Rendered Fat Content


Follower of
Peter Paul Rubens:
The Apotheosis of the Hero (1630/40)

"We'll see where that takes us."

A year ago this week, a publisher contacted me to see if I might be interested in working with her organization. I reluctantly receive such calls because the caller often feels compelled to pressure me into agreeing to something before I understand the offer. Nobody appreciates feeling pressured into anything, so I feel baffled about why anyone relying upon persuasion or merely information to sell something would ever resort to pressuring anyone, but they do. I always ask for more details, paper if they've got it. I want to slow down the interaction so we might get to know each other before moving on to first or second base.

I've noticed a similar strategy at work when investigating the purchase of software.
Last week, The Muse invited me to check out a contact management system for her campaign. I quickly found that I could only access much information if I gave up more personal information than I felt comfortable forfeiting. I was asked to create a user profile complete with a Pastword before I could even learn what functions the damned system offered and how much it might cost. I quickly gave up in frustration. Pastword coercion like this accounts for ninety percent of the Pastwords nobody can remember. Further, inviting a clueless user into your system strikes me as the best way to demonstrate just how impossible that system might seem to learn. Who enjoys wandering around in unknowable places?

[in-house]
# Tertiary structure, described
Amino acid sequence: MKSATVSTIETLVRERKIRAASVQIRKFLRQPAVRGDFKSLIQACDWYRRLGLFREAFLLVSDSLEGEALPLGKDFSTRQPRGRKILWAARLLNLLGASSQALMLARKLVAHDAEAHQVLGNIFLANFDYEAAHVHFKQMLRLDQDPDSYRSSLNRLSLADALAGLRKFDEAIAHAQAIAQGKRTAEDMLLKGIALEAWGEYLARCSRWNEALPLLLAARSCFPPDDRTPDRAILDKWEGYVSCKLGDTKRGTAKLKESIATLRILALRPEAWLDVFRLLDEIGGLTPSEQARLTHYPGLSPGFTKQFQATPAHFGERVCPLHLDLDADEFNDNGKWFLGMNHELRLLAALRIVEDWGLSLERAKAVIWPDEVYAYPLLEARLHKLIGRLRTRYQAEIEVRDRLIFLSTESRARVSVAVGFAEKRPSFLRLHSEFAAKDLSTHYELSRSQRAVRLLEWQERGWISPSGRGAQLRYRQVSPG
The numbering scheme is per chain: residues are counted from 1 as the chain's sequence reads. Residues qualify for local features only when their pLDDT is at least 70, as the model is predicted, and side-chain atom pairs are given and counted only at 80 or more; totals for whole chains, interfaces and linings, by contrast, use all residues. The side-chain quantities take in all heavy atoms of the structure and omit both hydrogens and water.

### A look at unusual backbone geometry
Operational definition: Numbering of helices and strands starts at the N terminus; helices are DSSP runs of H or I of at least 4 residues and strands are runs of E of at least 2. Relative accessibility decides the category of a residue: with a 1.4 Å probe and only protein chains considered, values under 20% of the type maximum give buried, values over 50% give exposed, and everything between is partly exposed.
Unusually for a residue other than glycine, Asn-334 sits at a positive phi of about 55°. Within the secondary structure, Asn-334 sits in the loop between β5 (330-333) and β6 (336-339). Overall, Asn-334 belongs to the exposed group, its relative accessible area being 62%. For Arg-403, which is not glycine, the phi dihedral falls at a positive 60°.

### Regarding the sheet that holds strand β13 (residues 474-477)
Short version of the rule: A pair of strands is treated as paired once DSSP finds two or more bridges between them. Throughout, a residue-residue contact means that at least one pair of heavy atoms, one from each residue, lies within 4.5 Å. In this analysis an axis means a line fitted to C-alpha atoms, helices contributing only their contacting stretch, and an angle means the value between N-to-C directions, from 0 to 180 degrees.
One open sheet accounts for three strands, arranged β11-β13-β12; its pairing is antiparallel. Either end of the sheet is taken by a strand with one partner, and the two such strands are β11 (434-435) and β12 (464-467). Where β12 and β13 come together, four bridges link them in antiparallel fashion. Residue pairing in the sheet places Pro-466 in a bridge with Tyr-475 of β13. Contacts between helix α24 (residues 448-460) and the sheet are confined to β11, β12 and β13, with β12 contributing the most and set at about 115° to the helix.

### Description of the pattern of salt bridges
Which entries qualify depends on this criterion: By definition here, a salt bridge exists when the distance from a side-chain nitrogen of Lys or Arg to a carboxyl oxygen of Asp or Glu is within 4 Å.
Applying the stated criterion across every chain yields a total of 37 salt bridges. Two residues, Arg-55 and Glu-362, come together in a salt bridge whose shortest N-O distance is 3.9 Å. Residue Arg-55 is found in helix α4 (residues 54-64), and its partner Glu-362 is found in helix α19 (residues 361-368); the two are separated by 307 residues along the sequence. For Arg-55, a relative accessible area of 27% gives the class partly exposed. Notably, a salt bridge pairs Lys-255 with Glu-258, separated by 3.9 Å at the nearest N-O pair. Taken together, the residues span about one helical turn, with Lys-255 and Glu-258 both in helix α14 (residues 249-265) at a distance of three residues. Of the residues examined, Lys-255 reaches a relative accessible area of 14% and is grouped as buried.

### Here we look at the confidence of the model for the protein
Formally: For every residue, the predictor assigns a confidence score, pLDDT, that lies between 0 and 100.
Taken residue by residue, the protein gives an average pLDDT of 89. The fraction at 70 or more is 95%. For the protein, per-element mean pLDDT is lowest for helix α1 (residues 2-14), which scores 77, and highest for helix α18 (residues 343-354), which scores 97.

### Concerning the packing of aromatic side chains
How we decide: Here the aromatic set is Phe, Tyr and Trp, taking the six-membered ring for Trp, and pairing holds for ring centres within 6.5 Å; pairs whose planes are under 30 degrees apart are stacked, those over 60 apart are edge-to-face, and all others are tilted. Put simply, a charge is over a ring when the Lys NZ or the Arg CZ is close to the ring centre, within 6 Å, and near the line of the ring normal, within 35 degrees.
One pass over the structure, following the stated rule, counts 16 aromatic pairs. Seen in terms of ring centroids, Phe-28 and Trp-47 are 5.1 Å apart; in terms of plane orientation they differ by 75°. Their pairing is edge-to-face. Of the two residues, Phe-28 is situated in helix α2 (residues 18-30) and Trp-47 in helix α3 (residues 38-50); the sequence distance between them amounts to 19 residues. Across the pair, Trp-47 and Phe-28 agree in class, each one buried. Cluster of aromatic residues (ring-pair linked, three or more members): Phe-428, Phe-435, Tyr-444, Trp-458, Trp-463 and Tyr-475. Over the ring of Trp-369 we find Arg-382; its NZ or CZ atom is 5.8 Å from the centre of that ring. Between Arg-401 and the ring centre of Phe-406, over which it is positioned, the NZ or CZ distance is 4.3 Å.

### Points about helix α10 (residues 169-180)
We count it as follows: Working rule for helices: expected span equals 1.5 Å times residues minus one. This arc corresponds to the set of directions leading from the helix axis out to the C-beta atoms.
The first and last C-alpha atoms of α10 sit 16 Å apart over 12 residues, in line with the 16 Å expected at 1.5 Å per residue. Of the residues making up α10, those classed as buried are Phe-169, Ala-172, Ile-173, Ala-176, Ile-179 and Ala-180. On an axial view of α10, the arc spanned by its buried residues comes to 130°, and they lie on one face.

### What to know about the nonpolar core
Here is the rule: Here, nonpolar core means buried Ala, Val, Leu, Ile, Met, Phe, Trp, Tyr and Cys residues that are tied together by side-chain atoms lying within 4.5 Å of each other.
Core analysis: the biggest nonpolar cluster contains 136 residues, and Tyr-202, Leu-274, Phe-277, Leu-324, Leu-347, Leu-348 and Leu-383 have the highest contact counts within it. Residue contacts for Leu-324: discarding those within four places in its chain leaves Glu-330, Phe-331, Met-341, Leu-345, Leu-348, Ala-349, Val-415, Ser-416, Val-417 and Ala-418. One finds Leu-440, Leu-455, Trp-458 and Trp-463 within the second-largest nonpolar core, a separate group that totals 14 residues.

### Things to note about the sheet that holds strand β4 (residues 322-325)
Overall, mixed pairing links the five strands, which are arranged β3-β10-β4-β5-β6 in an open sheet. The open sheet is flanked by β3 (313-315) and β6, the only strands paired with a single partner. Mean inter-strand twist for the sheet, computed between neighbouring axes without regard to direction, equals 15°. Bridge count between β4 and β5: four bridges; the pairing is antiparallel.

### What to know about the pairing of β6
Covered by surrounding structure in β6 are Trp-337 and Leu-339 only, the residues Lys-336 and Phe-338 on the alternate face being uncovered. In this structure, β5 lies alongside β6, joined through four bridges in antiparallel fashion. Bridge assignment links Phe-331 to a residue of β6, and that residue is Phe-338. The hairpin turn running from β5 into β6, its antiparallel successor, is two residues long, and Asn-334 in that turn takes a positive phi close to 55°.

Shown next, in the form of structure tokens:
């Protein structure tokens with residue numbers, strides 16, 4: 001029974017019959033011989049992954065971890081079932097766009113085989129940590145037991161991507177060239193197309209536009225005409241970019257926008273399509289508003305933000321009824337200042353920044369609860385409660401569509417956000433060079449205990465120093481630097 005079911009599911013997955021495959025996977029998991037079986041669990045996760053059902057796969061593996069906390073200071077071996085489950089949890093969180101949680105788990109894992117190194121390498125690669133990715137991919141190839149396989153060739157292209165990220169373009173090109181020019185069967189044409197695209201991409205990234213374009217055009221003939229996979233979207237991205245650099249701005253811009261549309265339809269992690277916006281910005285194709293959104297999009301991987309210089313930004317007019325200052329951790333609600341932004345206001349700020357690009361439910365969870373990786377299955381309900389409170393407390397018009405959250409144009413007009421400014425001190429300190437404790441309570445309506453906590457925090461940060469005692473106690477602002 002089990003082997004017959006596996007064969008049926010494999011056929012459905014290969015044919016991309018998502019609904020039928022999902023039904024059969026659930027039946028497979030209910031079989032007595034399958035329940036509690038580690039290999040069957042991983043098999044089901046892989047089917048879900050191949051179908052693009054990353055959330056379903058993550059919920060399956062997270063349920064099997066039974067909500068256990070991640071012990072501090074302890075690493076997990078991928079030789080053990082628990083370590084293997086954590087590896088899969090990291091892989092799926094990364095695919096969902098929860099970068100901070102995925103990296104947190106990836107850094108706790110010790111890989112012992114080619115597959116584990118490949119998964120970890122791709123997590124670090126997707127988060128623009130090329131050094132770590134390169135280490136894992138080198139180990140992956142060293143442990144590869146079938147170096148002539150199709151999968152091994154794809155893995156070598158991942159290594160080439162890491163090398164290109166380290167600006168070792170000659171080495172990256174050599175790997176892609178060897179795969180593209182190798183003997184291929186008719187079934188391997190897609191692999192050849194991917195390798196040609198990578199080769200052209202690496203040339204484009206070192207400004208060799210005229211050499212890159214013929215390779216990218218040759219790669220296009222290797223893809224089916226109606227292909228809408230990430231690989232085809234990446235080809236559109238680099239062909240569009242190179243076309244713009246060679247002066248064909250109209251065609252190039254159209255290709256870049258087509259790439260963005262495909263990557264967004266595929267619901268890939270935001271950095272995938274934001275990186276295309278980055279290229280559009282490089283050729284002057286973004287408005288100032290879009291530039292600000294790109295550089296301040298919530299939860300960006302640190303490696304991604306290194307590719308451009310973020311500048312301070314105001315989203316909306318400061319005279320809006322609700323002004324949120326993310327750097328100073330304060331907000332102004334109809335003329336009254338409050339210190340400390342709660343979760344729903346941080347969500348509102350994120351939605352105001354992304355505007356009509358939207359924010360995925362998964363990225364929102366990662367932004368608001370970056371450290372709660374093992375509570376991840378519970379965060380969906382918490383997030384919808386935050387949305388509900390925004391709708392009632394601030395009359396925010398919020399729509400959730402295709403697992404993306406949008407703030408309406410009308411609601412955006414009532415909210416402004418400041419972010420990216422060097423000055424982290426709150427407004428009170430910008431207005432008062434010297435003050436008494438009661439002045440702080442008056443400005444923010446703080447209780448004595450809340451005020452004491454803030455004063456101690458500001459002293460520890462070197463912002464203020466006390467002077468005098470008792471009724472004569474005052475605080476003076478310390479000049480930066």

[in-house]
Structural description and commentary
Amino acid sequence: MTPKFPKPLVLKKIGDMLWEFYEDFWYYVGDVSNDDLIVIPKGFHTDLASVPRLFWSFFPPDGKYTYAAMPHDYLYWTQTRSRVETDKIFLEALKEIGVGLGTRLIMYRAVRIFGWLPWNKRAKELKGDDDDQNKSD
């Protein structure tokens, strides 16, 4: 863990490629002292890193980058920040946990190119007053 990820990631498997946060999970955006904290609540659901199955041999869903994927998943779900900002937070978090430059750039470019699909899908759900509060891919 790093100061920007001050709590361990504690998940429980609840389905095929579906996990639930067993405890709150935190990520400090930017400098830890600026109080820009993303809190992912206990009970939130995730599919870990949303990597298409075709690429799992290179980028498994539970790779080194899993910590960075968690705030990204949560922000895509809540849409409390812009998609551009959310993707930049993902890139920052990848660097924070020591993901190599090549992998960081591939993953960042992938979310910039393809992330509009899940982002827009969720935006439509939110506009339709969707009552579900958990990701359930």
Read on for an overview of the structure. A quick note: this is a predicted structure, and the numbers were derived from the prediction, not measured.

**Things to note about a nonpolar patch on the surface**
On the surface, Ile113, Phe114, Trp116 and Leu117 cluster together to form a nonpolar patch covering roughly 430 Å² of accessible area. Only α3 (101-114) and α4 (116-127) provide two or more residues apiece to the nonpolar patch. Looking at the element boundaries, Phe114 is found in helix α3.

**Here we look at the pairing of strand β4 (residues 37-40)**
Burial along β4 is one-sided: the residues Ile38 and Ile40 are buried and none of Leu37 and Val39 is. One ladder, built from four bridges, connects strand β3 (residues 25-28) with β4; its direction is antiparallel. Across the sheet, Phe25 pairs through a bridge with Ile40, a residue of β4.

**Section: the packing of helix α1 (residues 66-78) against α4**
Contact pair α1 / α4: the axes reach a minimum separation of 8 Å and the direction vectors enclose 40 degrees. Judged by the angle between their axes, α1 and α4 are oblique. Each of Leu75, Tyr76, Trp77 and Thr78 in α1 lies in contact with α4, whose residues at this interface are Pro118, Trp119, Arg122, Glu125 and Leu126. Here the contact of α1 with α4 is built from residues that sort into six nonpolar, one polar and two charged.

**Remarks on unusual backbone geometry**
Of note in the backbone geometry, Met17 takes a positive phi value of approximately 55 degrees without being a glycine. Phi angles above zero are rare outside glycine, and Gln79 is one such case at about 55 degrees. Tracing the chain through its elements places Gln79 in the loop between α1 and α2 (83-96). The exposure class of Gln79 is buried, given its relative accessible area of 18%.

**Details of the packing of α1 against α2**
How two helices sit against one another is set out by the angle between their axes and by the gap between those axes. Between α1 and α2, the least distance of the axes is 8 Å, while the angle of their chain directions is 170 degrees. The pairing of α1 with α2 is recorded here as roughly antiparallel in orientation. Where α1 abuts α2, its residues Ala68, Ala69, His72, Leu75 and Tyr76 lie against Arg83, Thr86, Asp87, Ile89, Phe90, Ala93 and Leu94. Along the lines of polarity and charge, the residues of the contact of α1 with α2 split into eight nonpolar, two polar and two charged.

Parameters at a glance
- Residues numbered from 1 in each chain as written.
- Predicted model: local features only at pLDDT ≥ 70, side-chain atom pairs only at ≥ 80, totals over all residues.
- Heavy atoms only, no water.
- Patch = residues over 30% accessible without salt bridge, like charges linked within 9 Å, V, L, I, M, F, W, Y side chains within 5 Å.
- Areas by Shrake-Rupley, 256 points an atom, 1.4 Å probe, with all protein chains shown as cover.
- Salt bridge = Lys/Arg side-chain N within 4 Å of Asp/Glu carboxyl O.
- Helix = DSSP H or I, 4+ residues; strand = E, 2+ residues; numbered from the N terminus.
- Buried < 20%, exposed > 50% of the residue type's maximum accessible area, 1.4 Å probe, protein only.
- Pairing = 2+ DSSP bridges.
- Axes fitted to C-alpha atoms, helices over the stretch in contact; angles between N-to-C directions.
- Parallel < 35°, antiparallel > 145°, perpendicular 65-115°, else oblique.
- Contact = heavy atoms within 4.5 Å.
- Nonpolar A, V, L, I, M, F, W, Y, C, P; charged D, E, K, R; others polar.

The sales function often chases away more customers than it attracts. In this case, with this publishing representative, I was pleasantly surprised by her low-pressure approach. She described what she offered without suggesting that I'd better hurry or she'd be forced to raise the prices by forty percent. She agreed to send me more information and sent it almost immediately after we spoke. I looked through it before losing the email thread in my impossible tangle of an email inbox. I'd looked for it several times but could not find it. I'd even sent The Muse in there to see if she could find it, and she had, but I'd been unable to locate where she's stashed her find then the thread slipped out of my mind again.

The idea of Publishing another book scares the heck out of me. It unsettles me so much that I'm apt to lose the contact information, so I won't be able to follow up. Publishing, as I've been explaining through this lengthening series, turns out to be an exacting challenge. It wants a writer to finish something, claim credit, stand up, and be counted. Almost all of a writer's efforts occur in isolation. Nothing in any way prepares the writer for an Apotheosis, public recognition, appreciation, or rebuke. The very threat of such a coming out should properly terrify the introvert. The willful pursuit of publishing represents the opposite of what I might dream of inflicting upon myself. Yet I persist.

I made Contact this morning—two simple lines. The first reminded the Contact of our short chat a year ago this week, and the second requested some time to continue the conversation. I have a fresh manuscript just about ready now. I cannot describe the courage it took for me to ask to continue that conversation, for I had grown accustomed to taking solace in the presumed unpublish-ability of my work. I have almost become the writer who works hard to avoid getting himself published, taking pride in that curious accomplishment rather than in my catalog of genuinely finished work. My work's not finished and will likely never very seriously threaten to become done. However, I might still release a few completed works without meaningfully diminishing my mountain of unpublished ones.

Let the record show that I made Contact today. We'll see where that takes us.

©2023 by David A. Schmaltz - all rights reserved

blog comments powered by Disqus

Made in RapidWeaver